Some carers found the process of the person cared for receiving a diagnosis to be a sad time. Bev and Bronwyn said they were ‘gutted’ when their sons were diagnosed with schizophrenia. At the time, Bronwyn had seen it as ‘incurable’, ‘stigmatised’ and leading to isolation and ‘a solitary life’. However, Bronwyn said she later came to ‘understand’ that her initial beliefs about schizophrenia had been misconceptions: ‘people need to know schizophrenia can be treated and controlled and that there might be people in this town who have schizophrenia … and you wouldn’t know’. A few carers said they had initially taken the diagnosis of the person cared for as a sign that they had failed in some way. Julie initially felt ‘shock and guilt’ when her daughter was diagnosed. Lisa said she thought medical professionals when giving a diagnosis seemed often ‘quite detached from the impact that those labels have’, on the person being diagnosed and his or her carer.

Sue explained how her own experience of depression affected her initial response to her son’s diagnosis and her thinking about how she could support him to ‘recover’.

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But for others, like Dianne, Tracey and Kate, there was an immediate relief when the person cared for’s mental health problem was named because they felt it meant there was some explanation for the perceived changes in their loved one’s behaviour and personality. In Kate’s words, it had ‘validated the fact that there was something not right’. However, the relief could be short lived. Tracey said that while getting a diagnosis was a relief for her it was followed by concern about what to do next: ‘How the heck do we get ourselves out of this?’

For a few having a diagnosis for the person cared for meant facing the prospect of a potentially challenging future lying ahead. Elena reflected, ‘it was a matter of accepting the fact that things could not go back and learning how to deal with what was happening now and in the future’.

The impact of diagnosis on the person cared for

Several carers talked about the impact a diagnosis had had on the person being cared for. For some, like Lisa’s brother, it was devastating: ‘he described it as a death sentence … [he thought] no one will employ him now’.

While some, like Katherine, said the person cared for had ‘accepted’ his or her diagnosis others, like Alexia and Sasha, said they had not ‘accepted it’. Sasha hoped her son would get ‘a better awareness of his sickness’ so he ‘could take responsibility’.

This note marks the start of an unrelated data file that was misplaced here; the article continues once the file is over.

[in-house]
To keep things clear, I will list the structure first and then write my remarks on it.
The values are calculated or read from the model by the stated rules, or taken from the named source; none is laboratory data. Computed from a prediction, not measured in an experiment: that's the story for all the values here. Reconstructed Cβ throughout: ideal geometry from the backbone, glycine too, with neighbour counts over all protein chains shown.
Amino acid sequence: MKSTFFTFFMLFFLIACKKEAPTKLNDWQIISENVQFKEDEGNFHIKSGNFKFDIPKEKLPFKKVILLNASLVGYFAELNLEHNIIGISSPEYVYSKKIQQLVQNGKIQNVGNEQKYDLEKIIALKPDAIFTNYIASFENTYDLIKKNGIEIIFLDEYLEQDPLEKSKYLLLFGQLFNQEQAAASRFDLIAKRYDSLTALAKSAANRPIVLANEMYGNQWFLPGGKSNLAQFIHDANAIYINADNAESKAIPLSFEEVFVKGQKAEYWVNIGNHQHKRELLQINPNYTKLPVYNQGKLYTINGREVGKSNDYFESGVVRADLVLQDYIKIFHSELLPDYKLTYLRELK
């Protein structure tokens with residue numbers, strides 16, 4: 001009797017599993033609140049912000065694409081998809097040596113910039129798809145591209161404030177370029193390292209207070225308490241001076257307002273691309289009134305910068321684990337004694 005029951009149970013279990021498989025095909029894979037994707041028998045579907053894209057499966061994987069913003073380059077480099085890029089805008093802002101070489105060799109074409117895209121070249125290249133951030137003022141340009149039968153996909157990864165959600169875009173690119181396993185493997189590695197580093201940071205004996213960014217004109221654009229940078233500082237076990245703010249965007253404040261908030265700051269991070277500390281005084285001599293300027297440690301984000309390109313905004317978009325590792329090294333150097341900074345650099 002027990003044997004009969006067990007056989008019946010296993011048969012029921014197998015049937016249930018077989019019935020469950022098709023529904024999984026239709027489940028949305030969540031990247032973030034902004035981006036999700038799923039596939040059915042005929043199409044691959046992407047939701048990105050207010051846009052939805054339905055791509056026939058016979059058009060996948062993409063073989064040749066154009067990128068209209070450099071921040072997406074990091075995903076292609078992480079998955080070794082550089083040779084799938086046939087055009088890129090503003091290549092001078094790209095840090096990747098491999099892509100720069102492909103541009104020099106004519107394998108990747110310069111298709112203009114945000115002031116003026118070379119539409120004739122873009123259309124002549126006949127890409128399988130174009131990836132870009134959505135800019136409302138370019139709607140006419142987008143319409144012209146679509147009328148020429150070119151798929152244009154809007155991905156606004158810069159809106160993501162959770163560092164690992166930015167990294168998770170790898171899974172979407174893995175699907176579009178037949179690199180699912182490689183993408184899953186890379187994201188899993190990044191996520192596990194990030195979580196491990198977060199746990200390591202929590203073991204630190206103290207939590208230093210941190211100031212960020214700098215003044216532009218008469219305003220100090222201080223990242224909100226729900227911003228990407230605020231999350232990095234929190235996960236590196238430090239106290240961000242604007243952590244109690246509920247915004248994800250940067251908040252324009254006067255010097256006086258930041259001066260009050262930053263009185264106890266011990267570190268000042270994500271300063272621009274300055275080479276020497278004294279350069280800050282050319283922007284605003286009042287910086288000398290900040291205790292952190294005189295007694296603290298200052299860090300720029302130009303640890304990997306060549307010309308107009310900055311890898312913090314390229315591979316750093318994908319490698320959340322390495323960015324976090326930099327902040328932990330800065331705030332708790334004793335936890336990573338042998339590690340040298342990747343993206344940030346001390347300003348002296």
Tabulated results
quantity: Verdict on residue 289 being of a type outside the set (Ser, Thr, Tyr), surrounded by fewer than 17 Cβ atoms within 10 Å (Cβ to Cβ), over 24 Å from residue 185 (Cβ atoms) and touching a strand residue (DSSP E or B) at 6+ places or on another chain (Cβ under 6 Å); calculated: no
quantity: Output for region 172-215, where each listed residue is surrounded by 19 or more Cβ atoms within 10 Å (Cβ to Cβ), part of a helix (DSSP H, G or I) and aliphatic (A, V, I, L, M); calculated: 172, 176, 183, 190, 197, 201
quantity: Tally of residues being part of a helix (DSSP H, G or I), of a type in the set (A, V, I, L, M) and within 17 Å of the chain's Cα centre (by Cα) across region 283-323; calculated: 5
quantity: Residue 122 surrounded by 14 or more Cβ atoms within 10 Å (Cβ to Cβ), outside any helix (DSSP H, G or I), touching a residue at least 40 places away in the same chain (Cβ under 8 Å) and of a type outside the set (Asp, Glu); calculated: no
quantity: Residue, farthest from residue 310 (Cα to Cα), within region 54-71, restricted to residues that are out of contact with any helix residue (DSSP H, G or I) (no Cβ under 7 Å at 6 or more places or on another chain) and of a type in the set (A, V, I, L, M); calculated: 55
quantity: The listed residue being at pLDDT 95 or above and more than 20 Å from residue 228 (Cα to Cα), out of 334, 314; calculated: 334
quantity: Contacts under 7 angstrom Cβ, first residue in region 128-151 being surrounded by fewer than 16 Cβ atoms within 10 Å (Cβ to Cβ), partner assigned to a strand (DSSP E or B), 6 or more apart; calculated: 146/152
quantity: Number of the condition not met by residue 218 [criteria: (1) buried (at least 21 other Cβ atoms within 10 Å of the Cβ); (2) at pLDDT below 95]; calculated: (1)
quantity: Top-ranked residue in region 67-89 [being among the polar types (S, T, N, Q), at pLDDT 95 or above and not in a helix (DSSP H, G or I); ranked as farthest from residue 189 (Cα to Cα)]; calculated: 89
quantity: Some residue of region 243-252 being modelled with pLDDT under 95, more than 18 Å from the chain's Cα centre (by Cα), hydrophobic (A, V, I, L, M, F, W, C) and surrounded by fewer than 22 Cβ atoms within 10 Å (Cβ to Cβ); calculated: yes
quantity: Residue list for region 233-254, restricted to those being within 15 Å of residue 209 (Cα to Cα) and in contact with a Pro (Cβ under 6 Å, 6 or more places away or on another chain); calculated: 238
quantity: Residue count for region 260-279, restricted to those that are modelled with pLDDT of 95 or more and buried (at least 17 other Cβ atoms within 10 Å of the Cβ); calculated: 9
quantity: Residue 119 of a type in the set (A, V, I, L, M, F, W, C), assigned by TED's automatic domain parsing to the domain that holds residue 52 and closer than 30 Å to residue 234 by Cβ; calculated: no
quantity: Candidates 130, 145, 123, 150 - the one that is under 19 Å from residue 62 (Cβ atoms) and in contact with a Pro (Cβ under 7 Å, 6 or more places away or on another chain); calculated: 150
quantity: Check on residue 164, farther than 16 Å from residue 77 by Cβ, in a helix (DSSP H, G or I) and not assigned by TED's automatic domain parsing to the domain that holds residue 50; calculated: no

Alexia described seeing her son’s psychiatrist with her son and asking the psychiatrist to explain his son’s ‘personality disorder’ diagnosis. Her son didn’t agree with the diagnosis and left the appointment.

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Katherine recalled her son was upset at being hospitalised, but she thought he later came to accept his diagnosis.

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Some carers explained that receiving a diagnosis was very important to the person being cared for, although not so much to them as his or her carer. Alex and Sasha did not think the ‘label’ mattered. Alex regarded diagnoses as ‘just words’ but said that his son got ‘very cross’ if Alex mentioned the wrong diagnosis.

Although Iris thought it was a good thing that her son had accepted his condition, she also believed having a diagnosis had undermined his self-confidence.

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Multiple diagnoses

Some carers said the diagnosis their loved one received had changed over time. Bronwyn’s son had received a diagnosis of schizophrenia (from a psychologist) and separate diagnoses of post traumatic stress disorder, psychosis, and paranoid schizophrenia from psychiatrists. Most carers said they often did not know why the diagnosis had changed. Some thought it was because it took time to fully assess the person experiencing severe mental health problems, or because a person’s experience did not match exactly an available psychiatric ‘label’. Lisa thought diagnoses could be arbitrary: ‘it just depends which professional you’re seeing on the day’.

Elizabeth said although her son’s main diagnosis was bipolar disorder, there was ‘psychosis attached to that’. She described how later medical practitioners settled on schizoaffective disorder ‘with bipolar traits … connected’.

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Many carers commented that it could be confusing when a person’s diagnosis changed. While George understood his son’s initial diagnosis of Obsessive Compulsive Disorder, he was not sure he agreed with the diagnosis of paranoid schizophrenia. He had asked for his son’s mental health problem to be reassessed.

Lisa explained how having different diagnoses has affected her brother, sometimes giving him a sense of relief and sometimes not. She said she didn’t understand why his diagnoses changed.